“Unmasking empires in our midst…” – Gospel and Sermon for Sunday May 8, 2022

Here’s the manuscript for today’s sermon:

Some of the most popular movies out there right now are the Marvel movies.  While I haven’t seen Dr. Strange and the Multiverse of Madness, I understand it’s pretty wild.  Fantastic scenes, people with incredible powers, magic, villains who dream of ultimate power.  

Some Marvel cinematic adventures are even crazier – take the most recent series, Moon Knight, that includes wild creatures, gods, a powerful villain reigning judgment and destruction on people as they try to create an empire, and a main character with a split personality that made the viewers wonder what was real and what was not.  

John’s revelation could easily be made into one of those movies.  Apocalyptic writing has this type of feel to it.  Revelation has deep symbolism, fantastic creatures, evil forces imposing destruction in pursuit of power, and good triumphing over evil.  

Revelation is one of those books of Scripture that seems so utterly crazy and so it’s easy to dismiss and put aside.  Yet, Revelation is so very important.  Revelation is the inspiration for so much of our worship liturgy. 

And it’s not surprising really when we take a moment to consider that, according to Michael Williamse, “Revelation is a series of seven scenes of worship (the third one being today’s reading) in which glory is ascribed to God.  More than any other New Testament book, Revelation resounds with worship and praise of God.  Revelation unfolds a theology of power – who holds the key to the future, with whom does real power rest and who is therefore worthy of worship?  Against the claims that real power rests with Rome and with Caesar, Revelation shows that ‘the future belongs not to the Roman emperor…but only to Christ who was crucified for the salvation of humankind.  Real power rests with Christ.”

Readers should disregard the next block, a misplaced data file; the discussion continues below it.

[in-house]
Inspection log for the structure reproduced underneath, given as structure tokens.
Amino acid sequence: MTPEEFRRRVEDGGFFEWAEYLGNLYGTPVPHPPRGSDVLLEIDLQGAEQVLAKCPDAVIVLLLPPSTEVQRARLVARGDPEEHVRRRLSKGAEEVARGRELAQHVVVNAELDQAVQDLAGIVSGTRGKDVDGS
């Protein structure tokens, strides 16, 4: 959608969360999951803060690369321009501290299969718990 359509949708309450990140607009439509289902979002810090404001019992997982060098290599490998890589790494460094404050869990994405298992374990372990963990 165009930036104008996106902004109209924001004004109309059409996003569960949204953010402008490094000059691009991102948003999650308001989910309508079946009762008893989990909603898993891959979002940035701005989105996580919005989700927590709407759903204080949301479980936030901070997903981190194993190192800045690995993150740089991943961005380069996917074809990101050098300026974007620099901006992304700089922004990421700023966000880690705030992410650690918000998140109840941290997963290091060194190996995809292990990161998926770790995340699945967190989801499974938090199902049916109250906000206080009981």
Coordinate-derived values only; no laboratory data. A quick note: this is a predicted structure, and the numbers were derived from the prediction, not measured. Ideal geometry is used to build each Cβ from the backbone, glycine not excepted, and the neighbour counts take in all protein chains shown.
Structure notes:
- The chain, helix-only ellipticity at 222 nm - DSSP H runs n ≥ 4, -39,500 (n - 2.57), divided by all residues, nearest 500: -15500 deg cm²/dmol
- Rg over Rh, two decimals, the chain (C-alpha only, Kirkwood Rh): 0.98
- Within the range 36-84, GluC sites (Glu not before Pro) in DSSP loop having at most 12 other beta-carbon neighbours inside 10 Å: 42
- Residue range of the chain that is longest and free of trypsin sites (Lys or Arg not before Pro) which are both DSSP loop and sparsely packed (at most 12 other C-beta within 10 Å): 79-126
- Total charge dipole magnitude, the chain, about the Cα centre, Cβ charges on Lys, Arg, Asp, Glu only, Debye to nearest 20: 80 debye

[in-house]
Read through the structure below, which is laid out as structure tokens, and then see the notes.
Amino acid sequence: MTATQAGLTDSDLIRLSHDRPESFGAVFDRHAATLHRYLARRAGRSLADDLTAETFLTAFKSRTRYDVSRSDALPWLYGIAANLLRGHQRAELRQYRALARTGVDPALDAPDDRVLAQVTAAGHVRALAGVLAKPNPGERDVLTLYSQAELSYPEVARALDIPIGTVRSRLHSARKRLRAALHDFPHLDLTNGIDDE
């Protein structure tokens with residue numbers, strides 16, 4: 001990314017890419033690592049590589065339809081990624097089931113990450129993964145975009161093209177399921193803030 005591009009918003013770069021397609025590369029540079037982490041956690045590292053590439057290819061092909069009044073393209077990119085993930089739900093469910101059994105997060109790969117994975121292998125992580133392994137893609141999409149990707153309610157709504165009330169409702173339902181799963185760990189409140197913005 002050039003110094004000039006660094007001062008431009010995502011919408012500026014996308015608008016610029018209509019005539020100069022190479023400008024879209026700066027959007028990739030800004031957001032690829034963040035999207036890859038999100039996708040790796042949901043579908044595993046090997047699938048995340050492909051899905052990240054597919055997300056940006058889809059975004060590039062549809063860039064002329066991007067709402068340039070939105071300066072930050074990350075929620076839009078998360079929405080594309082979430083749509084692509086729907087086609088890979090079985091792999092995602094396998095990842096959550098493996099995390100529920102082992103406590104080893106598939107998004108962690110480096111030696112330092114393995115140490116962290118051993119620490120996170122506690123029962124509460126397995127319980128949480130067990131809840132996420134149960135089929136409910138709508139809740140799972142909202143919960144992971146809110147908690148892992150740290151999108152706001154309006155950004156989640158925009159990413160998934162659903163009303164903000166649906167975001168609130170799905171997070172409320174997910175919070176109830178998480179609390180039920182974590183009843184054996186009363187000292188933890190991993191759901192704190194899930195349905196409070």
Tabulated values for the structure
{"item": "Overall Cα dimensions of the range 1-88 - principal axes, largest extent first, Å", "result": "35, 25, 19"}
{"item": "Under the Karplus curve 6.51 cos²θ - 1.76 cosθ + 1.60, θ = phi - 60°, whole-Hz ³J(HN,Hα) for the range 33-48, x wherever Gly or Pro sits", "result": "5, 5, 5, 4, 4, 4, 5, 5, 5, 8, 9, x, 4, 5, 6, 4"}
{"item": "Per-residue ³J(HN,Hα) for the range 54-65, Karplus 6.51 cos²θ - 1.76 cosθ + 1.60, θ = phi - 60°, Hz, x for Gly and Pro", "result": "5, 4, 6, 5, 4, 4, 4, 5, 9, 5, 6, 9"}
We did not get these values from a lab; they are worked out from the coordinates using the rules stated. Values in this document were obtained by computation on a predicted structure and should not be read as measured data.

But hey, Rome has been gone for centuries, so what’s the point of reading Revelation any longer, right?  

Last week I talked about empire and how we face many empires who all claim the same thing that Rome did:  They claim that they have the real power in life and are therefore worthy of being worshipped, listened to, and complied with. 

Last week I mentioned that everyone is disposable in an empire.  Everyone.  Even the people who think they are at the top of the pyramid with full control.  

It’s believed that John wrote Revelation at the end of the first century CE, possibly around the year 96.  Domitian was the emperor at that time.  And he was known for his cruelty.  He started the second great persecution of Christians in the empire.  He was the 11th Roman emperor.  And of those 11, only 3 died of natural causes.  The other 8 died as a result of murder or suicide.  Most often the guy who would take over was responsible for the murder.  You want to talk about insanity, that’s a system that is insane.  Everyone is expendable.  And with a history like that, who in their right mind would think they would be exempt from the same result?  

And if this is the case for those in positions of great power, then what do you think that means for everyone else in an empire?  We’re all disposable to an empire.  Empires will lie to our faces and tell us that they care about us, promise to protect us from enemies, and provide for us.